Today’s post is a guest article written by James Herndon. James is an Architect and BIM Consultant currently living in Boise, Idaho. He has been working with Revit for over a decade, he helps clients make the transition to Revit and keeps a blog at RevitAnswers.com. Also, make sure to follow him on Twitter @RevitAnswerGuy.
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Just a few years ago there was still a lingering question about whether the industry would truly transition to BIM or not. Nowadays, the question most firms are asking isn’t if but when they will make the switch. You may have heard there’s a steep learning curve with Revit. As a BIM consultant I work with Revit newbies all of the time and I can definitely tell you that there is a big difference between those that transition quickly and smoothly and those that struggle and fail, and that difference is almost always mental. Here are my tips to help you get over a few hurdles on your first day in Revit.
#1 Don’t be afraid to push buttons and see what happens
Learning a new software program is always intimidating but don’t forget your best friend: ctrl-z (undo). Typically you can back out of anything you try so don’t be afraid to see what different buttons do. Just be sure to save often, especially right before you push that new button, but if you do find yourself in a jamb you can always shut down without saving. The only way you’ll learn Revit is by doing it, so don’t be afraid!
#2 Remember you are no longer drawing, you’re building
This is probably the biggest hurdle for people coming over from AutoCAD or Microstation and it’s purely mental. You’re not using a new drafting program, what you are doing now is fundamentally different; you’re actually building your project and you will need to rethink your typical workflow and processes a bit, this is normal, but it can be frustrating, so keep an open mind about the change.
#3 Don’t be afraid to ask “dumb” questions
I can’t tell you how many complex workarounds I’ve seen my clients cob together in Revit for things that already have a button or solution in place. For instance one firm I consulted with had developed a pretty complex annotation family for spot elevation callouts when Revit has a spot elevation tool right next to the dimension tool. Instead of saying: “hey how do you do this?” they spent hours on a problem that could have taken just a few seconds.
#4 Know who to ask
So who do you ask if you have a question in Revit? Sure you can call your reseller, but many aren’t Revit experts per se, but don’t worry, there are a ton of amazing online resources, try typing your question into google with the word Revit in there somewhere and see what you get, or try hitting the F1 key on your keyboard (this takes you to Revit’s online help file) or you can ask a question on revitcity.com or www.revitforum.org or www.augi.com/forum or visit www.revitanswers.com and get a hold of me, maybe I can help!
#5 Spend a bit of time and learn the lingo
There is nothing more frustrating than having a question but not knowing how to communicate the problem. A good live teacher will try and find the meaning in what you ask but when you’re typing a question into google or a forum’s search bar it will only be able to search for the terms you type in and those might not be the terms Revit uses.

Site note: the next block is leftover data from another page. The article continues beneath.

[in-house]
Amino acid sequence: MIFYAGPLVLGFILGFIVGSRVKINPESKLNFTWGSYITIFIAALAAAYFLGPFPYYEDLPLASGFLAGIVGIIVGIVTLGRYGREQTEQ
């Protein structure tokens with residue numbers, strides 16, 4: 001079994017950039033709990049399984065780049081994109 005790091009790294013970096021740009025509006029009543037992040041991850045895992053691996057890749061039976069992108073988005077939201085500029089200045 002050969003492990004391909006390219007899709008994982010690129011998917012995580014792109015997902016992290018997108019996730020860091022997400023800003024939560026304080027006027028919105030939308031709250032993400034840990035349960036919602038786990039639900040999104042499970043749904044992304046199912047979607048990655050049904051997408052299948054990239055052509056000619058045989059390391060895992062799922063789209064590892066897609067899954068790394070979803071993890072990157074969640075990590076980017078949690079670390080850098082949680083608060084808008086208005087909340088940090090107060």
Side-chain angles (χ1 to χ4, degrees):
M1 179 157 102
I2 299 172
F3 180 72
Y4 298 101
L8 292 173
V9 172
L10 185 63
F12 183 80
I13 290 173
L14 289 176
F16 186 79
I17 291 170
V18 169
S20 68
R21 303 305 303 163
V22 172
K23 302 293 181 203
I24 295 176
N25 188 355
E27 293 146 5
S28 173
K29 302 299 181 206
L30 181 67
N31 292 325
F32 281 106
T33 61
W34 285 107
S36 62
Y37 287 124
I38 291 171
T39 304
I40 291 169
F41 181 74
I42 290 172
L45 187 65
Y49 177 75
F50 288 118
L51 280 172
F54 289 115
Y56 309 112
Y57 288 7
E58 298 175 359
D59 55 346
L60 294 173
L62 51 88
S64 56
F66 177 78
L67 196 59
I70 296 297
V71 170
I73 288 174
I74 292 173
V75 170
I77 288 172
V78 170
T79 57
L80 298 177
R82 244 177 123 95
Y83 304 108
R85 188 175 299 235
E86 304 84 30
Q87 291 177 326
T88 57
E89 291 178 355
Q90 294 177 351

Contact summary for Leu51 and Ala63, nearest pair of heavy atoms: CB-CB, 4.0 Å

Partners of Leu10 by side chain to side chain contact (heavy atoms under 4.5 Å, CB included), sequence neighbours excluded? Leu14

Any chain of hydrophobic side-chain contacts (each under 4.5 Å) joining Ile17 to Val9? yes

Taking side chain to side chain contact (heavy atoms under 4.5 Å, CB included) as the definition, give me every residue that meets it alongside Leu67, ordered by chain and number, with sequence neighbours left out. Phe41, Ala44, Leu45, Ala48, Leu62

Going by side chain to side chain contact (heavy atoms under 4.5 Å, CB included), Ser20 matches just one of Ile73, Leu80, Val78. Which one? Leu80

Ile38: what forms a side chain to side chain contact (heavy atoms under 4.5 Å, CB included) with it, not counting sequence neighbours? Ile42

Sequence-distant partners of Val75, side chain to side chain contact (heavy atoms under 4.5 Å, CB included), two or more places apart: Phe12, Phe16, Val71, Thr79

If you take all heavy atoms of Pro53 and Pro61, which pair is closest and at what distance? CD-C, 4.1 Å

#6 Be super careful about what you delete
I know I said to push buttons and learn by diving in, but one thing to keep in mind is that you need to be careful about what you delete out of a project. If there is a stray line in your live detail it might be a part of a wall or the roof just poking in and by deleting that simple line you may be deleting your entire roof! If you delete something like this you might not notice it for quite a while and by then it may be too late to undo, so when in doubt remember you can always “hide” things or EH (Element Hide) on your keyboard. Remember that people who are redlining your drawings won’t know this either, so take terms like ‘delete this line’ with a grain of salt, know what you’re deleting.
#7 Go look at what you’re modeling regularly
A lot of newbies forget that they are building instead of drawing and that even though what they see in plan looks great it may look horrible in elevation or a section, so do yourself a favor and take a few leisurely strolls through a 3D perspective view every now and again, or learn to use the “section box” in an isometric 3D view and go look at what you’re making.
#8 Don’t compare Revit and CAD
Getting back to that “Mental” thing: If you spend all of your time focusing on the things that were super easy in AutoCAD but you’re having trouble with in Revit, then you’ll overlook all of the awesome new tools and features you get with BIM. I guarantee that if you work in Revit for a year then you will shudder at the thought of going back to “dumb” lines, even if you did have a better ‘text’ or ‘trim’ tool in AutoCAD.
#9 Practice first
I know it’s not always an option, but I typically recommend that my clients complete an entire old project in Revit for practice before they dive in on a live project with a tight budget or timeline. In Revit the process for modeling a ceiling is entirely different than the process for modeling a door. You’ll want to try out every process that you’ll run into on a typical project at least once before you try it on the clock.
#10 Don’t Give up!
Don’t give up! I like to compare CAD to Revit in the same way you could compare a bike and a motorcycle. Revit might be more difficult to learn and will take patience, but once you master it you will never go back and it’s the path to everything down the line!
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